Moreover, he said there was a well developed gas market with excellent pipeline infrastructure readily available. The modernization of the E&P industry, he added, was supported by the government and there were a host of reforms in progress.

"There's a large availability of highly motivated technical staff, obviously with strong training need in the ways of the modern oil industry," said Mr. McBain.

He noted that there were well developed domestic industries available to supply oilfield equipment, including pipe and drilling rigs.

However, Mr. McBain pointed out some barriers or challenges like Ukraine's fragile situation with the independent industrial sector paying full, unsubsidized prices, "which is, in many ways, intuitively the reverse of what you would expect. We understand it is being addressed in the energy strategy through energy efficiency initiatives."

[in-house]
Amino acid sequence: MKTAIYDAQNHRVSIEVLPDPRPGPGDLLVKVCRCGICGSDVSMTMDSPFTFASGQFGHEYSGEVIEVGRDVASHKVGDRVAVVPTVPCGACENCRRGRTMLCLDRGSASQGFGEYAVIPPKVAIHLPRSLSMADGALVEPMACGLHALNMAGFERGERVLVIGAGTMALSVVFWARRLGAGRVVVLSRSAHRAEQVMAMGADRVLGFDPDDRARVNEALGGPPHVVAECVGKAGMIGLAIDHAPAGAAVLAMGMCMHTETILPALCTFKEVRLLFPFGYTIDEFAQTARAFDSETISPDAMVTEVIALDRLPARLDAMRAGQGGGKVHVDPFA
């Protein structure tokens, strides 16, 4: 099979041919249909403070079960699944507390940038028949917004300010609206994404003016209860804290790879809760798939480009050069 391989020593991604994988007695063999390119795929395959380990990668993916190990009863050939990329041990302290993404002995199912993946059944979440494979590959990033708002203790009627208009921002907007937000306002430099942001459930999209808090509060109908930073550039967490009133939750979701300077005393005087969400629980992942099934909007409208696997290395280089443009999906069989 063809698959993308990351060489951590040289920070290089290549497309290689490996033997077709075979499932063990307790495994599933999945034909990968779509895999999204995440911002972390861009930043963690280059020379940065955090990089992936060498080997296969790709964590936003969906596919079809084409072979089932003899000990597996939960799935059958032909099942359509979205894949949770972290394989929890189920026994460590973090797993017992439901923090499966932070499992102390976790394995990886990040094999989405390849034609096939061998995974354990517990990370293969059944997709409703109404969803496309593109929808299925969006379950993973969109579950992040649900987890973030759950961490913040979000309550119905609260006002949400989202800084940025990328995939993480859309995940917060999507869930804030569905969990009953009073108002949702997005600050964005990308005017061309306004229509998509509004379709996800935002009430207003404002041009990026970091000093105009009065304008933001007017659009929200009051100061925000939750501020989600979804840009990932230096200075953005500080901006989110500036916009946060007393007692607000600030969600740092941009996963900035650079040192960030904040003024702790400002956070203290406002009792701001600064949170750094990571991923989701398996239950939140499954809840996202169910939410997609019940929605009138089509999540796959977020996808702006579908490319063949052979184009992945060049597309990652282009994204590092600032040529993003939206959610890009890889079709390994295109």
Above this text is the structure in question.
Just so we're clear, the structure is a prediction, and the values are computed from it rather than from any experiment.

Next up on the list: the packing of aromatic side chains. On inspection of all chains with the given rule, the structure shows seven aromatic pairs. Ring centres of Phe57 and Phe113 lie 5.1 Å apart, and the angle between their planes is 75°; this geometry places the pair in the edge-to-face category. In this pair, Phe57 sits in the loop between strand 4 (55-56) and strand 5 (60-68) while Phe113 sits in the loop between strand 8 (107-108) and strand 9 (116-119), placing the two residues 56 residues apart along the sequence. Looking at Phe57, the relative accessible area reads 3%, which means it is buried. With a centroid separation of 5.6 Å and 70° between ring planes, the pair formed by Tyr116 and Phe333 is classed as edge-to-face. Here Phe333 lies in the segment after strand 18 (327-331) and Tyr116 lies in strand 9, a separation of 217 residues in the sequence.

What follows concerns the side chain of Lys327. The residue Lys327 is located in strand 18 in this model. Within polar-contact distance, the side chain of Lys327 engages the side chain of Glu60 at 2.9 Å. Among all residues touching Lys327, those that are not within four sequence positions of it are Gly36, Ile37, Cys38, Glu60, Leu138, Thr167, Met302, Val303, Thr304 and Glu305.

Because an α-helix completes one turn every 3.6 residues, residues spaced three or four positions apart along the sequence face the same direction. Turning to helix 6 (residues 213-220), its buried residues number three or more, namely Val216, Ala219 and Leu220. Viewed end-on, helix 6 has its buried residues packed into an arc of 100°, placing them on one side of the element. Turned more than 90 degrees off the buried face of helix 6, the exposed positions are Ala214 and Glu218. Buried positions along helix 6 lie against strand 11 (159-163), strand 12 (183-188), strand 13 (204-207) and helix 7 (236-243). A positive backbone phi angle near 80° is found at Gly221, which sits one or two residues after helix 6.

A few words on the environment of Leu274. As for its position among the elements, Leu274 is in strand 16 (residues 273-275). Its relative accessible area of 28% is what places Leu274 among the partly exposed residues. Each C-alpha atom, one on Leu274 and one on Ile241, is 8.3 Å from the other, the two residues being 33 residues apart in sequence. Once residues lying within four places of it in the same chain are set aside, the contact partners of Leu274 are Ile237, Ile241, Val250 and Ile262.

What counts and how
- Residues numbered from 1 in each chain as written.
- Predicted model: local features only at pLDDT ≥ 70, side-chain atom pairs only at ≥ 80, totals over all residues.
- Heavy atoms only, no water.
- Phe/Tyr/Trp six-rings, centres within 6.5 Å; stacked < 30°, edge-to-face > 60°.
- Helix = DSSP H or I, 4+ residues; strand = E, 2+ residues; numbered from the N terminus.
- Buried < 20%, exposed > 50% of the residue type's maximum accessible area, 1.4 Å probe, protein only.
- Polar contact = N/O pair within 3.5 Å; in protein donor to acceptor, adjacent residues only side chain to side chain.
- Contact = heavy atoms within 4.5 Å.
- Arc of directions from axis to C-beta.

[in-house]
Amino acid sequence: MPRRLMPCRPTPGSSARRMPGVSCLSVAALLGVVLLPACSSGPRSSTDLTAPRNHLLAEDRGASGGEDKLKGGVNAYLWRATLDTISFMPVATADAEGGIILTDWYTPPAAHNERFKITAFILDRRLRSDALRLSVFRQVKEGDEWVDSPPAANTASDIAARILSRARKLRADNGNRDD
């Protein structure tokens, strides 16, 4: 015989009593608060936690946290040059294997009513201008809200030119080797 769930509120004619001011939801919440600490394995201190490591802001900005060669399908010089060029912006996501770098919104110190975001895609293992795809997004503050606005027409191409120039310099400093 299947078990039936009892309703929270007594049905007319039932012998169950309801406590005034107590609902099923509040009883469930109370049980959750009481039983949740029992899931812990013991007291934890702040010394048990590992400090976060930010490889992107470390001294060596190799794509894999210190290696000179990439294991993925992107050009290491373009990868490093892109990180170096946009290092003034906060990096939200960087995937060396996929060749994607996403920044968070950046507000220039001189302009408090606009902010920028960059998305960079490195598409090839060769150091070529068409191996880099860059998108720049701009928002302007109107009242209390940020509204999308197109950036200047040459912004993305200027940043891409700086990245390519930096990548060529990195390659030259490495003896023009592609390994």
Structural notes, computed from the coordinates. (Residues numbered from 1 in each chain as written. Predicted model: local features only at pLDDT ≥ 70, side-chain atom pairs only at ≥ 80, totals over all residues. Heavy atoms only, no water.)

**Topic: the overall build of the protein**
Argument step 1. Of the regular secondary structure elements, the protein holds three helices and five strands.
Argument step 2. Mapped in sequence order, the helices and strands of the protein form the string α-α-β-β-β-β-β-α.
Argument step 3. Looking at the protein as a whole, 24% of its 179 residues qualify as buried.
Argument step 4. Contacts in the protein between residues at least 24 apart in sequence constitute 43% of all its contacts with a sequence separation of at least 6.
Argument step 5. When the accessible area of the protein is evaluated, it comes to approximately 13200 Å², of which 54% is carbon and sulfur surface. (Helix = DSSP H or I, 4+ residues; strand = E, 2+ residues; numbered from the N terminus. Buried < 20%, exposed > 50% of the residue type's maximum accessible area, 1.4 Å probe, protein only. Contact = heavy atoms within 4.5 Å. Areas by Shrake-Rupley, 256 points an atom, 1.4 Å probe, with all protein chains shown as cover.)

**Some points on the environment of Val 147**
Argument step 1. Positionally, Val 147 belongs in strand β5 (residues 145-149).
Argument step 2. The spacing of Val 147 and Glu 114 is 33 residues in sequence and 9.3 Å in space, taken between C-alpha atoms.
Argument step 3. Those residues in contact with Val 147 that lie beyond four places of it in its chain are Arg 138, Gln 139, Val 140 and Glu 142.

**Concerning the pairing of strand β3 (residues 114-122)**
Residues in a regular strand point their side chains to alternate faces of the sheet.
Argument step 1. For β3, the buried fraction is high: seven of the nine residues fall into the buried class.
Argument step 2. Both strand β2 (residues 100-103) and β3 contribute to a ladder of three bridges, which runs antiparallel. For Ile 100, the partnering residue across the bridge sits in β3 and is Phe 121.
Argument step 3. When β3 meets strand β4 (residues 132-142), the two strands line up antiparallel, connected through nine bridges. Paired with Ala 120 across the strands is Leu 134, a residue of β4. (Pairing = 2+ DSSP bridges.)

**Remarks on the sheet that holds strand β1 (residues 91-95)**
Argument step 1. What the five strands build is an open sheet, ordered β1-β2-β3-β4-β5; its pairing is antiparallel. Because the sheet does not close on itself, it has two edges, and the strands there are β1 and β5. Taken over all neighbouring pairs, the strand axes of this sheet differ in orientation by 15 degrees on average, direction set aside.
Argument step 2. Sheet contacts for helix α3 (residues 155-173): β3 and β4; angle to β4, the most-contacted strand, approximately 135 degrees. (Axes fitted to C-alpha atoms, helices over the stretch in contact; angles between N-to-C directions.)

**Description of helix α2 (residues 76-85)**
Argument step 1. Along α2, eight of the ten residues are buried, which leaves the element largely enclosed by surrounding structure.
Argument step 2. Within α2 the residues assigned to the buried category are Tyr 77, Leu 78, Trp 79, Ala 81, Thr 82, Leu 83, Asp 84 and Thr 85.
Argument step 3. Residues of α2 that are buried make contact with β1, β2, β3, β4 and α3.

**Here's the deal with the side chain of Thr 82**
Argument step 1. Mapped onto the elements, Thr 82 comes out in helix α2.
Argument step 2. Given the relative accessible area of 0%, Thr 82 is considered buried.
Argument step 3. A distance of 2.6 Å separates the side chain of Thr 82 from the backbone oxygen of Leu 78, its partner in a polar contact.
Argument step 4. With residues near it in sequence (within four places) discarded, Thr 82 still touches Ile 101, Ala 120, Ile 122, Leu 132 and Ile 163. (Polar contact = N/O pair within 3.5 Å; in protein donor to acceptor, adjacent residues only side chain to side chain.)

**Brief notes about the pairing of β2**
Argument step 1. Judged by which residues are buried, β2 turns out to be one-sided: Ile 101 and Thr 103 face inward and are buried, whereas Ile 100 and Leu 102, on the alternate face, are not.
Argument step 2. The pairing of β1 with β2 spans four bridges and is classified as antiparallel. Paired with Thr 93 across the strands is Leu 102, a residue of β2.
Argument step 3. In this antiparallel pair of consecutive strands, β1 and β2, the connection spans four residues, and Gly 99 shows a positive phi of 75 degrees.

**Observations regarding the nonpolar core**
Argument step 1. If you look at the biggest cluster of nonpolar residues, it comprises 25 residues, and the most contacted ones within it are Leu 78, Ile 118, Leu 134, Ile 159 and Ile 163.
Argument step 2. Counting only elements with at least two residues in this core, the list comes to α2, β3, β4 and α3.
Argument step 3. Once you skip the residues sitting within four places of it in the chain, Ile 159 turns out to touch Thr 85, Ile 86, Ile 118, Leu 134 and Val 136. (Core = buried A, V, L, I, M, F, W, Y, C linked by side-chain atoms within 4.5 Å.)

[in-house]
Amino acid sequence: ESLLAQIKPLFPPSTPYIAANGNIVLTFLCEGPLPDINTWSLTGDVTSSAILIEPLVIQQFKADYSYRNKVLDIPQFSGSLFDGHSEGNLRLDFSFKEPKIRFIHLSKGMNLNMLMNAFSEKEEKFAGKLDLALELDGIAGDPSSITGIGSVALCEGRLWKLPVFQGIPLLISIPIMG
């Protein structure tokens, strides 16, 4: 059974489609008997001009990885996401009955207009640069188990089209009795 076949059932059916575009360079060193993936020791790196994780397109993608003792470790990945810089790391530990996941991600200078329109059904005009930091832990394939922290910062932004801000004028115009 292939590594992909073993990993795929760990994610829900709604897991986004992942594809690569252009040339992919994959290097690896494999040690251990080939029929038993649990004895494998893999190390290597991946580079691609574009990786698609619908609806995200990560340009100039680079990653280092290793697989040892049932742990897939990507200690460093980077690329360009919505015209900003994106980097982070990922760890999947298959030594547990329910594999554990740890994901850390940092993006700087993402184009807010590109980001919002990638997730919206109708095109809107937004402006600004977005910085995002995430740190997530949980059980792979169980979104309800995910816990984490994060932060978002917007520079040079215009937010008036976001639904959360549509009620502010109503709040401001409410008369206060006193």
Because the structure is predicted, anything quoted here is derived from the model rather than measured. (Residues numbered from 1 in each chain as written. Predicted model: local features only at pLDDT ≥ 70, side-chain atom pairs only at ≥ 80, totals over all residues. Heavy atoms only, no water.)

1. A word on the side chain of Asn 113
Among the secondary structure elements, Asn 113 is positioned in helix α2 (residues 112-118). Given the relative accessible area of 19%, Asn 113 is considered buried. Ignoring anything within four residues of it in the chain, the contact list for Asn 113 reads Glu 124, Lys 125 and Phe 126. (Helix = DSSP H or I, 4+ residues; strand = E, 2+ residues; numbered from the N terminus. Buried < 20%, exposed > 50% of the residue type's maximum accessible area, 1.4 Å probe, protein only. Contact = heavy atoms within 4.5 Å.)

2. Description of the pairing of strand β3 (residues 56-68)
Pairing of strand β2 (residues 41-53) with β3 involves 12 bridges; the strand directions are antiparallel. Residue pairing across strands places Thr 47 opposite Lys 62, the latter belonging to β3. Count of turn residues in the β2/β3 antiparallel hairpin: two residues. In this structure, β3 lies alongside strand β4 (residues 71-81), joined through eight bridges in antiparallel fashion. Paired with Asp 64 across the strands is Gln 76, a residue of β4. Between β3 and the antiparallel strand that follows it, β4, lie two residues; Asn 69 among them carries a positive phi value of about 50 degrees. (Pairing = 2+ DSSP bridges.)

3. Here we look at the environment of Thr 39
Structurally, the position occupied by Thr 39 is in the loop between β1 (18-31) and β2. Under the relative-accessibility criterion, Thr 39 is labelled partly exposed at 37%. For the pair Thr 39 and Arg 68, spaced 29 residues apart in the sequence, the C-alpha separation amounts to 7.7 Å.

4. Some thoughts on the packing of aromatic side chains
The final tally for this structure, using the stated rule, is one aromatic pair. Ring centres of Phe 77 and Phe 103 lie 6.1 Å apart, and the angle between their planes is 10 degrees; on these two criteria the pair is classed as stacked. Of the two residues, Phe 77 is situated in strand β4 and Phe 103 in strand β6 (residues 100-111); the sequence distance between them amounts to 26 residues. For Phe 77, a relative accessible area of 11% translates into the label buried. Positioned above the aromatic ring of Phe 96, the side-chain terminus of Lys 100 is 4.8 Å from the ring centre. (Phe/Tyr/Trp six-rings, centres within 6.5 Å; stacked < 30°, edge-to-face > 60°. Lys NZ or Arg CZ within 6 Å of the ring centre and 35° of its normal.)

Gas politics, he said, was another potential barrier, as were underdeveloped gas market mechanisms: "There's no obvious national balance point - a lack of transparency, so the shift of power to the national regulator and away from vested interests should help to address that."

Ukraine's legislative framework remained a work in progress, according to him, and implementation remained to be done, but the implementation of the Energy Strategy should facilitate that, he opined.

Mr. McBain pointed out that some legacy issues remained to be addressed, like the right to move from the exploration phase to the production phase required a special permit. "The process is not particularly easy, it's not easy to do this without putting your exploration success out to tender, which is obviously something you don't want to do," he explained, adding that there were also some contradictions between the general legislation on the subsoil user environment and land laws.

"We very much welcome the new PSA laws, and obviously they have been successful in attracting some big ticket international investors and that's excellent, but at the same time it seems not quite right that the PSA world should be totally different than the normal world for subsoil users and without a clear mechanism for a current producer of the old framework to move to the PSA network," he commented.